CDC Still Investigating Cause Of Street Vaping Illnesses

Health investigators in the United States are hard at work in their attempts to determine what is responsible for serious illnesses that seem to be connected to vaping. So far, investigators are considering all possibilities and are not ruling out anything. One possibility being investigated is the role of illegal cannabis products in the illnesses.

The investigation by the Centers for Disease Control is being led by Dr. Dana Meaney-Delman and is intended to determine the cause of five deaths and 450 serious respiratory illnesses afflicting patients in recent months. The deaths and illnesses have been linked to the patients’ use of vaping devices.

The CDC is encouraging individuals to refrain from using vaping devices until the exact cause of the mystery respiratory illness is uncovered.

Meaney-Delman says she and her co-workers are trying to prevent any further deaths from occurring. She says she has reviewed the case information for 64 patients and found that four out of five of the patients ingested some form of THC. This compound is responsible for the psychoactive effects of cannabis.

The Food and Drug Administration issued a warning on Friday to vape smokers who purchase their products ‘off the street.’ Manufacturers of e-cigarettes have distanced themselves from the situation and say the products they produce do not contain cannabis products or derivatives. Meaney-Delman echoed sentiments that vaping devices should be avoided until a definitive cause for the illnesses is determined.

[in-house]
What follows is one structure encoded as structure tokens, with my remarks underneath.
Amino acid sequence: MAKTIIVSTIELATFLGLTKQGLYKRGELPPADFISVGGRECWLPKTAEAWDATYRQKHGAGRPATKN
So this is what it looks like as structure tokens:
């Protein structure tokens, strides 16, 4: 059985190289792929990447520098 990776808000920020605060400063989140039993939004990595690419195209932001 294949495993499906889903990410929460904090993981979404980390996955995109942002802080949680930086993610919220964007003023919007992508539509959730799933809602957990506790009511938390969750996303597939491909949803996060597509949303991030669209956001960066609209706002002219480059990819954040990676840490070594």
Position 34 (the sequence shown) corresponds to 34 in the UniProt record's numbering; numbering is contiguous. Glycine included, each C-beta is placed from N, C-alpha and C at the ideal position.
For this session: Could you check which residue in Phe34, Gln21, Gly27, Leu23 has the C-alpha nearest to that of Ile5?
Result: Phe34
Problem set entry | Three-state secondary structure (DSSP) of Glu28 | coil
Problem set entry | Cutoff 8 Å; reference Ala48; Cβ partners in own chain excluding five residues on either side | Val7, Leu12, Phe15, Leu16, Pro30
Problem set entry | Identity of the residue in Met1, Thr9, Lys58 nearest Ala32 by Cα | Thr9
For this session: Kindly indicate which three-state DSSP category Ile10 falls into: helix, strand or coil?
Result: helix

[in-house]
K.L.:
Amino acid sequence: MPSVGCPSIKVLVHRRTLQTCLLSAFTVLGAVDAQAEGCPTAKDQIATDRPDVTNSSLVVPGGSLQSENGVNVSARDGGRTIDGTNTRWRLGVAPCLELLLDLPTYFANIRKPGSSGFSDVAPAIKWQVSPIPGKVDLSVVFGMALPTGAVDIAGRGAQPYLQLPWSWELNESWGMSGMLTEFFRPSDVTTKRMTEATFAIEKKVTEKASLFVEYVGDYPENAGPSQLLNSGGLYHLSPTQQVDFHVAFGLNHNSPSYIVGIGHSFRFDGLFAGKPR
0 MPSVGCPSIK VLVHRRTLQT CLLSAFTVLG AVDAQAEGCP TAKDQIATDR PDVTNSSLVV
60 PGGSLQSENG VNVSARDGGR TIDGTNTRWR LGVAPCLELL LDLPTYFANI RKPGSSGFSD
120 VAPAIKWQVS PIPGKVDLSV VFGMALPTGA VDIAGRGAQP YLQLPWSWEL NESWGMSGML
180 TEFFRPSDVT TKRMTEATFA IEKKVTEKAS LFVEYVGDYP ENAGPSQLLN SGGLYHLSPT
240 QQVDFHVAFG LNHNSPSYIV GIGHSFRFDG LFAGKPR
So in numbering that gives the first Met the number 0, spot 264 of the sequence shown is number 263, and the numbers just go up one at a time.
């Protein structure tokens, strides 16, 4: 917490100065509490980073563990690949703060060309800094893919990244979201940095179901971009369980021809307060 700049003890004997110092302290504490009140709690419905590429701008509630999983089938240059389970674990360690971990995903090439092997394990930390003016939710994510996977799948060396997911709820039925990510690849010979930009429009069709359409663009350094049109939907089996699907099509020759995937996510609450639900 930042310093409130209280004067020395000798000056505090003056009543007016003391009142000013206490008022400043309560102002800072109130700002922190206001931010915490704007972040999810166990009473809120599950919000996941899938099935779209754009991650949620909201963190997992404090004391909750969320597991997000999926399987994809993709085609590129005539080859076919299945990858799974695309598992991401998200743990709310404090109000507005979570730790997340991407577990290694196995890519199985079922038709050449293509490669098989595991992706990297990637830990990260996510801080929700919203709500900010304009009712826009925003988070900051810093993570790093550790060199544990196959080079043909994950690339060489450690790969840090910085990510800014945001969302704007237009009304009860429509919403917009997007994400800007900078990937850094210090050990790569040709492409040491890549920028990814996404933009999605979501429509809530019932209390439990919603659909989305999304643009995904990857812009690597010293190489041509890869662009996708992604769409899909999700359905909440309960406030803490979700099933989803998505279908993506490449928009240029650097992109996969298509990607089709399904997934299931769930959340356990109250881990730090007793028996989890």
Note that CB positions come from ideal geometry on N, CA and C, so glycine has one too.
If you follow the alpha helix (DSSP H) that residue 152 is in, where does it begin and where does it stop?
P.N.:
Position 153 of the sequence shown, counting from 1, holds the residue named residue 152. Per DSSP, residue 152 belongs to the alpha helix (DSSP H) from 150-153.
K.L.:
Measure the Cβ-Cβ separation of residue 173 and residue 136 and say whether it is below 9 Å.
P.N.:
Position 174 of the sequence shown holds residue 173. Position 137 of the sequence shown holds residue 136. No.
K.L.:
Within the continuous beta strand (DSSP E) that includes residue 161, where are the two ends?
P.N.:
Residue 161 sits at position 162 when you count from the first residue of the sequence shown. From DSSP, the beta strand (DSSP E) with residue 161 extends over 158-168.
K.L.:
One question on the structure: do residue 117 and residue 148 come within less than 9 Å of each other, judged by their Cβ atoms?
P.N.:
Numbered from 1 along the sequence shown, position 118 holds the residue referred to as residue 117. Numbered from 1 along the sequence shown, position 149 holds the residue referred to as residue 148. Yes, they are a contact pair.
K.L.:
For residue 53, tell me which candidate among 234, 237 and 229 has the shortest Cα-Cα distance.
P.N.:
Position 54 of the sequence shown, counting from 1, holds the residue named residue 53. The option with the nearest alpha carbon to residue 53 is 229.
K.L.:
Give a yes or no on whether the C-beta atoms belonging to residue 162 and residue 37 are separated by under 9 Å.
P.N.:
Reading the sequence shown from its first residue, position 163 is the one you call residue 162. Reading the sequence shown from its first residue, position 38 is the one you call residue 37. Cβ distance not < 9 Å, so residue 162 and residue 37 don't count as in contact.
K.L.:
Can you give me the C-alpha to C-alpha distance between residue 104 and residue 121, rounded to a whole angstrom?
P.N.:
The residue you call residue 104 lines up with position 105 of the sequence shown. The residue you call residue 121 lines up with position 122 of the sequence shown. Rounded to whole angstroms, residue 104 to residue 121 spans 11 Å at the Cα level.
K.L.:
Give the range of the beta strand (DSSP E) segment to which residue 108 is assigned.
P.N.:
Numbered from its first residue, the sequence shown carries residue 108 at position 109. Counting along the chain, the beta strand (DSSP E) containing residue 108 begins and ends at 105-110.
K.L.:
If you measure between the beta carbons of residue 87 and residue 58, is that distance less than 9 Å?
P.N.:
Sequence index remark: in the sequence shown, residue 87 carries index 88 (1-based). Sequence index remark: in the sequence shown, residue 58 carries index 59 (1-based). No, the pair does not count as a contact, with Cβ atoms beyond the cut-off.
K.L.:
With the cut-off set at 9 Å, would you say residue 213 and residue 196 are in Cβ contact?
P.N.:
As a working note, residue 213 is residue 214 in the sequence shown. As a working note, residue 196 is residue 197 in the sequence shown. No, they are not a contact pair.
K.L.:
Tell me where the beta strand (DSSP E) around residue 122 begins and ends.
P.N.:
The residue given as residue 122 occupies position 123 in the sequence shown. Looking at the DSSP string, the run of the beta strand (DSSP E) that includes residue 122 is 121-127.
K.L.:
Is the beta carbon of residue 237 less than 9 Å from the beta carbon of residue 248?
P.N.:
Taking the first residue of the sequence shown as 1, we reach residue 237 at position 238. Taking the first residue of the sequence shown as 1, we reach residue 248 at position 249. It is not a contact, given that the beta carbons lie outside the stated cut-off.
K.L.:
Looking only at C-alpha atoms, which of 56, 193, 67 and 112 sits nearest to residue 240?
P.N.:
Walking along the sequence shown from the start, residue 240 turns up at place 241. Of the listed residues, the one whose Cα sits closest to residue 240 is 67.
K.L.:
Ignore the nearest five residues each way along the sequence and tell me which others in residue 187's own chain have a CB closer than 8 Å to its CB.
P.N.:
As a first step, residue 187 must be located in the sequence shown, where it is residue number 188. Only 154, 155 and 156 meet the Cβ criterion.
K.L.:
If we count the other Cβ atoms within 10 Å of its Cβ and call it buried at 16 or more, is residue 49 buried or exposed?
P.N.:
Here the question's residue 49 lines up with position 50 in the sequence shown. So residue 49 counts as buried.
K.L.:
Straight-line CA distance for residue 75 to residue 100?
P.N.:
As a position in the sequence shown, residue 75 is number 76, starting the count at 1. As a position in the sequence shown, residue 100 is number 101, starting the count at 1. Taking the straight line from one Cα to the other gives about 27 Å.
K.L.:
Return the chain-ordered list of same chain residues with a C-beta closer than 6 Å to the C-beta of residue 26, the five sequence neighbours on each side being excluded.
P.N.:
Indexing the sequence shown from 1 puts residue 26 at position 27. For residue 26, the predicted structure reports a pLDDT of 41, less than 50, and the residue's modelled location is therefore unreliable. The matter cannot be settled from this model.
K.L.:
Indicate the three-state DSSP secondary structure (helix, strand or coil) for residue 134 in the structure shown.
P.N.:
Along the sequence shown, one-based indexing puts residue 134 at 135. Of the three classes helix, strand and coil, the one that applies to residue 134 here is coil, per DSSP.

Gregory Conley is the president of the American Vaping Association. Conley stands in agreement with the CDC and urges users of vaping products to stop filling the products with oils containing illicit substances.

Meaney-Delman says the CDC is not yet ready to discount vaping devices as the source of the illnesses. She says that 60 percent of the cases she has reviewed involved patients that used vaping devices for both nicotine and cannabis oils. She said 20 percent of the patients reported using nicotine alone. Meaney-Delman expanded on this thought by saying there is no one product or device that is common to all the patients that have been affected by the unexplained illness.

In the meantime, as much evidence as possible is being collected regarding the vaping history of patients. Current vapers are being asked to monitor symptoms like chest pain, shortness of breath, and persistent coughs. These and other sudden symptoms can be a sign that medical attention is needed.

Written by Eric

37-year-old who enjoys ferret racing, binge-watching boxed sets and praying. He is exciting and entertaining, but can also be very boring and a bit grumpy.